The Harvard Program on Negotiation (PON) staff posted a blog on ethics in negotiation entitled “Ethics and Negotiation: 5 Principles of Negotiation to Boost Your Bargaining Skills in Business Situations” (April 21, 2022). Naturally, it caught my eye as I teach mediation ethics.

The blog post poses 5 questions to ask yourself to determine if you are acting ethically or going down that slippery slope of unethical behavior:

Principle 1. Reciprocity:

Would I want others to treat me or someone close to me this way?

Principle 2. Publicity:

Would I be comfortable if my actions were fully and fairly described in the newspaper?

Principle 3. Trusted friend:

Would I be comfortable telling my best friend, spouse, or children what I am doing?

Principle 4. Universality:

Would I advise anyone else in my situation to act this way?

Principle 5. Legacy:

Does this action reflect how I want to be known and remembered?

Reading this, I realized that the blog was advocating only one of the four approaches to ethical reasoning in negotiation: personalistic ethics.  In this approach, “… the rightness of the action is based on one’s own conscience and moral standards.” (Lewicki, Roy J., Saunders, David M. and Barry, Bruce, Essentials of Negotiation (7th ed. McGraw-Hill, New York, New York 2021) at 115-6). That is, it is a very personal decision, based on what the little person inside our head (aka your gut) is telling you to do. It is an approach first espoused by J. Martin Buber.

But there are three other approaches to be considered. The first (espoused by John Stuart Mill and Jeremy Bentham) is “end-result” ethics (aka Utilitarianism) in which the ends justify the means. “The rightness of the action is determined by evaluating the pros and cons of its consequences.” (Id.) What action will bring the most happiness and pleasure to the most people? (Id).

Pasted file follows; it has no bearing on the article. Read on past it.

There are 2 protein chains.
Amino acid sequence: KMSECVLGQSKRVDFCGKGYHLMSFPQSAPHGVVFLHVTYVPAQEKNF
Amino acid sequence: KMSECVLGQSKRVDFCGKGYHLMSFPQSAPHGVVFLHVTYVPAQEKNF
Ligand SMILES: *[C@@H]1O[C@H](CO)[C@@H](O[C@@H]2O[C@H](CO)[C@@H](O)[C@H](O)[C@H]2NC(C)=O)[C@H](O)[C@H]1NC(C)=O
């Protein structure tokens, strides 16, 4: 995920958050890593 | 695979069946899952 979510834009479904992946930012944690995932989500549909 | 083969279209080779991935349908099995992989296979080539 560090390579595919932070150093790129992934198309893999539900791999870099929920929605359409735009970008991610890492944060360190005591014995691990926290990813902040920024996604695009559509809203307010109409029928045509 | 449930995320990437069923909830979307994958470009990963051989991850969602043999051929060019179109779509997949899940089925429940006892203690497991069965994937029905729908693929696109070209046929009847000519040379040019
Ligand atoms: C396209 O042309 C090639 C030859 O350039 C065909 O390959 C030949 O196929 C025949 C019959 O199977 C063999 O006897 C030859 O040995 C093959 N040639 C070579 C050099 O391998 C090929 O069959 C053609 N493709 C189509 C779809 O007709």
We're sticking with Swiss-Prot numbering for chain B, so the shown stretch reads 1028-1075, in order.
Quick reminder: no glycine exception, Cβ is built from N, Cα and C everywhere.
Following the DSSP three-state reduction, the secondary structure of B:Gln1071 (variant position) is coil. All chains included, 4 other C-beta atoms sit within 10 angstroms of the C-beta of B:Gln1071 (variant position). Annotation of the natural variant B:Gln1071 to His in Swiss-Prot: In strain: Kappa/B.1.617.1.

The next- duty ethics- espoused by Immanuel Kant- provides that “…the rightness of an action is determined by one’s obligation to adhere to consistent principles, laws, and social standards that define what is right and wrong and where the line is.” (Id.)  It is not the result that is important but the rule, law, social standard etc. that was applied to obtain the result. In sum, “it is the principle of the thing” that counts, not the result. (Id.)

The third approach is entitled “Social Contract ethics” in which “… the rightness of the action is determined by the customs and norms of a community.” (Id.) Espoused by Jean-Jacques Rousseau, the ultimate goal or standard is to determine “what is best for the common good” and to implement that course of action. “Duty and obligation bind the community and the individual to each other.” (Id.)

To apply ethical standards in your negotiation, you must first determine which of the four approaches are you most comfortable using. But even after you determine this, and as you may suspect, the negotiation may still be troublesome: you may be using one approach while the other party is using another.  Which could lead to a chaotic negotiation!

… Just something to think about.


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